Tetrahedra and Truth

Let’s say you have a tetrahedron (a polyhedron consisting of four conjoined triangles). You project each of its points onto a flat surface, along lines perpendicular to the surface. Depending on the tilt of the tetrahedron in relation to the surface, you will end up with either a triangle or a quadrilateral.

Now, both the triangle and the quadrilateral tell truth about the tetrahedron, but neither one tells the complete truth. However, if you rotated the tetrahedron and captured enough projections along the way, then you could determine the tetrahedron’s shape from the projections alone (if you already knew that it was a convex polyhedron). In other words, by considering the changes of the projections in time, you could see beyond the projections’ two-dimensional aspect to the tetrahedron’s three-dimensional shape. (You can try rotating a tetrahedron here.)

To even begin this project, you have to suspect that there’s something beyond the flat shapes that you see. You think: “Yesterday it had four sides. Today it has three. Something’s up with that.” Without such suspicion, you’re a prisoner in Plato’s cave, believing in the shadows on the wall because you’ve seen nothing else.

Now, suppose the tetrahedron were not stable in shape. Suppose it were crumbling or melting. Then you could not determine its shape from the projections. You could only approximate it—that is, by observing projections very close to each other in time and trying to spot abnormal changes. A sort of calculus would come into play. The more regular the tetrahedron’s disintegration, the more accurate your calculations would be. The projections would only pick up certain kinds of changes; they wouldn’t show concavities, for instance, if the edges were still intact.

Things get even more complicated if time itself is unstable: if it slows down, speeds up, loops around, breaks apart, or comes to an end (in relation to some other measure). We won’t get into that.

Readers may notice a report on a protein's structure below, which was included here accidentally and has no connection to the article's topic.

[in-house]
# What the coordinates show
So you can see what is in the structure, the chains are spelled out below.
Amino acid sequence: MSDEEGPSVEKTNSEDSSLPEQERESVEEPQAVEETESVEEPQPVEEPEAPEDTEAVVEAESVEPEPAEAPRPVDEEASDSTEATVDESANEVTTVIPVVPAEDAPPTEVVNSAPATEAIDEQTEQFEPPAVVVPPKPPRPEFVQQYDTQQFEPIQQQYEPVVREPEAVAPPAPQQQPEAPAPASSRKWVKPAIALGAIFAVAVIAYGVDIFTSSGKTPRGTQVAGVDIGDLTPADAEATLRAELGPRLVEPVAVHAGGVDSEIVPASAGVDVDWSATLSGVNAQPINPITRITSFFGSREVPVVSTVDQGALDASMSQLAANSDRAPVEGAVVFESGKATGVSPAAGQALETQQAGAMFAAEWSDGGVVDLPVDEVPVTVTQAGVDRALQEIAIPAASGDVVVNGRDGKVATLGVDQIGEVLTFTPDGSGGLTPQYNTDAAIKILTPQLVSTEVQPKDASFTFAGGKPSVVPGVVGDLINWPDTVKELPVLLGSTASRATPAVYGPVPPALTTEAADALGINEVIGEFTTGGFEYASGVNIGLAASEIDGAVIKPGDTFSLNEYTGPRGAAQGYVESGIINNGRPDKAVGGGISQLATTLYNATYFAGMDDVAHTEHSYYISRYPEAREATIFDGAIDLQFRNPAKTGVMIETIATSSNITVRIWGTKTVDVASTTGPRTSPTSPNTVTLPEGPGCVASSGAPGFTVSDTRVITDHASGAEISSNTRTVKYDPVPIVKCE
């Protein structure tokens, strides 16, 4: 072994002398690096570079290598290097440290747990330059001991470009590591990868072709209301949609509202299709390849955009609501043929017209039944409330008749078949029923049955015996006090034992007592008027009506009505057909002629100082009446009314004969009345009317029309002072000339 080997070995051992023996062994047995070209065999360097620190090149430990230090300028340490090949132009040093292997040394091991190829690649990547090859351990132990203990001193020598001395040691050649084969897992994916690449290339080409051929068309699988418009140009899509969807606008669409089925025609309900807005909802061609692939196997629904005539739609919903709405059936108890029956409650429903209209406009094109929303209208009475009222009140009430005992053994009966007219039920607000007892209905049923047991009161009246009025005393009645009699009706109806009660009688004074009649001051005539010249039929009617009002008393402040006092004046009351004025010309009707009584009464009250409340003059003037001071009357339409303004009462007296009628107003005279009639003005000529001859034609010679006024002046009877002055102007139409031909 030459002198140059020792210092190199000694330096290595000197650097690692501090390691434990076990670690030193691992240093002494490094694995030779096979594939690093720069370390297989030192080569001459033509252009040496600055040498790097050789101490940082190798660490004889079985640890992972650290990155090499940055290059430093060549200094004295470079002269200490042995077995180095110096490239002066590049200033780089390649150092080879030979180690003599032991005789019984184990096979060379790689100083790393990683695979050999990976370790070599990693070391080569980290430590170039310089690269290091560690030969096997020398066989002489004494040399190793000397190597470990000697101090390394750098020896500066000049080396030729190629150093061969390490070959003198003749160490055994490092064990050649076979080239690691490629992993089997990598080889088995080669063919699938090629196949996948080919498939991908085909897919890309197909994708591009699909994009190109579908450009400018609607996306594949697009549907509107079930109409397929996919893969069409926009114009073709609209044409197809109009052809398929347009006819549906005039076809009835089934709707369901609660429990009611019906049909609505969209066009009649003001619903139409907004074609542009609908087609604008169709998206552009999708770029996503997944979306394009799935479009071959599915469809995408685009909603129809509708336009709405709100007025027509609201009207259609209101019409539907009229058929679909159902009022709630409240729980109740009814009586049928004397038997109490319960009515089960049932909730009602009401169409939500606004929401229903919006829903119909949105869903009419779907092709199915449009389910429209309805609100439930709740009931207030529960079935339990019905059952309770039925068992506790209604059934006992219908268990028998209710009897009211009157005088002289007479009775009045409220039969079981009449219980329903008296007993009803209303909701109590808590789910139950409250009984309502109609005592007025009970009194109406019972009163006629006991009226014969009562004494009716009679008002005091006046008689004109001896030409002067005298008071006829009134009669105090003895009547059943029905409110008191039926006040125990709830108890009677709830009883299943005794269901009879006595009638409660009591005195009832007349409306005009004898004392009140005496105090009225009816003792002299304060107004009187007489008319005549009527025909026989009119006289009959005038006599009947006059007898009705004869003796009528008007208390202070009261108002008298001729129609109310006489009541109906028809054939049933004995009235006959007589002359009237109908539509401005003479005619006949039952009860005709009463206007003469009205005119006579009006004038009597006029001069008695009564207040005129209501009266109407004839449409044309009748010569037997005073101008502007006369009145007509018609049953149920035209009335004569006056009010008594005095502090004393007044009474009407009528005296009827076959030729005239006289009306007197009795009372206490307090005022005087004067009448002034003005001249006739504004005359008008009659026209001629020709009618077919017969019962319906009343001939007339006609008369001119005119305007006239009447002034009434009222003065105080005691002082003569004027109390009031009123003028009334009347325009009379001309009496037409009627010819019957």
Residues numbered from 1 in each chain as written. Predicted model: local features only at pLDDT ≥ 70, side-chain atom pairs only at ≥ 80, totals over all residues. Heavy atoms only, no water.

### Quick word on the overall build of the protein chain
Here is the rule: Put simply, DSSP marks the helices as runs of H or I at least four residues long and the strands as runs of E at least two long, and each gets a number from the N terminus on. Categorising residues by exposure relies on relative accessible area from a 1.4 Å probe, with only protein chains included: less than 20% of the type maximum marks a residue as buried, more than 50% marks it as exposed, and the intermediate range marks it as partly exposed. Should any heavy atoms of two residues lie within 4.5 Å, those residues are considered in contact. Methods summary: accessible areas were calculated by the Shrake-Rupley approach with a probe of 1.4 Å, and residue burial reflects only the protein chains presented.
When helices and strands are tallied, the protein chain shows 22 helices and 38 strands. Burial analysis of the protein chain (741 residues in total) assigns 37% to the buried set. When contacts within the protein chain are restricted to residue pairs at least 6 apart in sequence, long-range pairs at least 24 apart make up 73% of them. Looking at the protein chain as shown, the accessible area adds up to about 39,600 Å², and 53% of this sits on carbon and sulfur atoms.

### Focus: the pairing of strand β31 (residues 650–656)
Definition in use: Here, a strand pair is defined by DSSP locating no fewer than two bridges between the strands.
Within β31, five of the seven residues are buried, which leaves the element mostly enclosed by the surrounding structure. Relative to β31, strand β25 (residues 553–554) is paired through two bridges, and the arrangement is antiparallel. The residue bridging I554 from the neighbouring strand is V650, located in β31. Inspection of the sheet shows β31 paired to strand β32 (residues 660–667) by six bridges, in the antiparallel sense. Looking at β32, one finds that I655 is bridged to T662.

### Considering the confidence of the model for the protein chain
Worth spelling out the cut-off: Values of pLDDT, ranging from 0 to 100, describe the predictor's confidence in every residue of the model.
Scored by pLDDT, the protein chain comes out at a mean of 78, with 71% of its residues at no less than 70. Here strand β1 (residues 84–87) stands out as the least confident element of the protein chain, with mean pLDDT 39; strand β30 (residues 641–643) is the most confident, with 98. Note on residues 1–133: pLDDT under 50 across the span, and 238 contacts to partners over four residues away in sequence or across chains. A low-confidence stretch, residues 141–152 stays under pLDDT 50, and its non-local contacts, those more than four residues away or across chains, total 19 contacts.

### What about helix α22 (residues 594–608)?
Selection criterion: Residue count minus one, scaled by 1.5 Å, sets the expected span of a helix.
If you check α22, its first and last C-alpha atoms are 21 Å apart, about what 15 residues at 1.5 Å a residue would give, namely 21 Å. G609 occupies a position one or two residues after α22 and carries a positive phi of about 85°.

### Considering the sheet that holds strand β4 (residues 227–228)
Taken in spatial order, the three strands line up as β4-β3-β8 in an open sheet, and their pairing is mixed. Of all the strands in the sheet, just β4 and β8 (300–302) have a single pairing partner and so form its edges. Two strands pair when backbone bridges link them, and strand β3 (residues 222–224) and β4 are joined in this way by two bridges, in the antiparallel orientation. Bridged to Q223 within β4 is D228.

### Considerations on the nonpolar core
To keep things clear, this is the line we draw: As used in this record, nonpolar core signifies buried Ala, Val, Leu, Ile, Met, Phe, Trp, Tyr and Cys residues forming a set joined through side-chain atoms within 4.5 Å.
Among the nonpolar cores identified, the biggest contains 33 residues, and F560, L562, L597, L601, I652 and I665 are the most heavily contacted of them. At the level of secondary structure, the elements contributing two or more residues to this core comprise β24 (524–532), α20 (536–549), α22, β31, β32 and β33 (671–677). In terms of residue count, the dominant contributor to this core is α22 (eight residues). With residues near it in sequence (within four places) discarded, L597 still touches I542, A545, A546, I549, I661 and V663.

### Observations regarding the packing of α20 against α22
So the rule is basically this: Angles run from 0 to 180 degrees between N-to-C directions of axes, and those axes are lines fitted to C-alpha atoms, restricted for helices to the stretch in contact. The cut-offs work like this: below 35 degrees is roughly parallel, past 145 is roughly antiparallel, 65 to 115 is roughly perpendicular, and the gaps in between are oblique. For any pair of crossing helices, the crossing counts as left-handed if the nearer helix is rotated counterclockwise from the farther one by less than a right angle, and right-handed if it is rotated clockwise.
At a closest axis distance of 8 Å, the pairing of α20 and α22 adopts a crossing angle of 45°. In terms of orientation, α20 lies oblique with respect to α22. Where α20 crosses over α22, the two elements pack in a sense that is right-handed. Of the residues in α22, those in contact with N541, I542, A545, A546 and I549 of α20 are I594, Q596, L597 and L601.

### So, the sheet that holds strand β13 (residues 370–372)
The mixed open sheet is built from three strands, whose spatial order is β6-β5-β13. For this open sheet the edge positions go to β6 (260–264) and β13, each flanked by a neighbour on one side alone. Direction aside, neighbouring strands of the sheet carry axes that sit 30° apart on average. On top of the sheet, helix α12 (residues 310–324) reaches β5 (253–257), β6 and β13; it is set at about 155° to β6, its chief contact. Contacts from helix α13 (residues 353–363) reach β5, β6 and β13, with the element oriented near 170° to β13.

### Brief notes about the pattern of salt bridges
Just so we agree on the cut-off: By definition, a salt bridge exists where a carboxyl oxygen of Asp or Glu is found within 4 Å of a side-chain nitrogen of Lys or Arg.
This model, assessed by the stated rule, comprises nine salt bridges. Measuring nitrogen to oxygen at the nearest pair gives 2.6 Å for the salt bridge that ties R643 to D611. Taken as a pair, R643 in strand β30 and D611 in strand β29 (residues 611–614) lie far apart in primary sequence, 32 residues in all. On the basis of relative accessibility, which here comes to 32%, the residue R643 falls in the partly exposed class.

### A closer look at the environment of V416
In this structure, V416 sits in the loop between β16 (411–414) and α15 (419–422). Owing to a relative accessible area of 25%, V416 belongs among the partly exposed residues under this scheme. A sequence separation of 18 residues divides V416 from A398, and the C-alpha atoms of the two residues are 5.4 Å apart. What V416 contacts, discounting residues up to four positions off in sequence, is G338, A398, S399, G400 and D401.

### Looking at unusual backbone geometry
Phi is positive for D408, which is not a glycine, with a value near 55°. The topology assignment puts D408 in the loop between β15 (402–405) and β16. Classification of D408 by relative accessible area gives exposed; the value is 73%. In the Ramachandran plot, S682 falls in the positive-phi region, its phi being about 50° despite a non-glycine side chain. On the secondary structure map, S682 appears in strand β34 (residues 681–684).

Imagine, now, that the phenomena in our lives are (at their very simplest) tetrahedral. Our instant impressions are limited, as they don’t capture the full shape of the phenomena. It takes time, knowledge, and insight to perceive their shapes.

We should not, then, place much value on the instant update or newest thing (the quick projection of part of the tetrahedron onto paper), except insofar as it adds to our knowledge and understanding. The latest projection is in itself no treasure; we must look to the old ones as well and—since we can’t spend all our time observing projections of tetrahedra—to other people’s interpretations of these shapes.

This is why we study history, literature, science, history of science, mathematics, philosophy, and music. It’s also why our current drive to collect instantaneous data on everyone (where we are, who our friends are, what our emotional reactions are to every possible product or classroom gesture) will do more harm than good. The purposes of such data-gathering are limited, even crude; the point is not to build wisdom or understanding, but to boost sales, test scores, and other quick results.

For example, developers and marketers have been considering the use of biometric bracelets not only in classrooms but in everyday life. Your bracelet will tell some subset of the world where you are, what you’re doing, and how you’re responding to that activity. Marketers and customers, then, can respond to you accordingly. But what happens, then, to friendship, which depends on voluntary disclosure and voluntary reserve?

Suppose I meet with a friend for dinner; what I do not say is as important as what I do, and both are my choice, to the extent that we choose such things. I learn about my friend through the things she chooses to tell me and the things that make her pause or stay quiet. Biometric bracelet data would ruin this. (“I see you were at the doctor’s office earlier today. Is everything OK? … Oh, is that so? I know you had a brain scan there. Why a brain scan, of all things?”) 

We can gather all sorts of data about people, but such data are little more than flat projections. Take that in stride, and those flat projections, maybe, can tell you something. Treat them like the real stuff, and you send your brains rolling down the hill.

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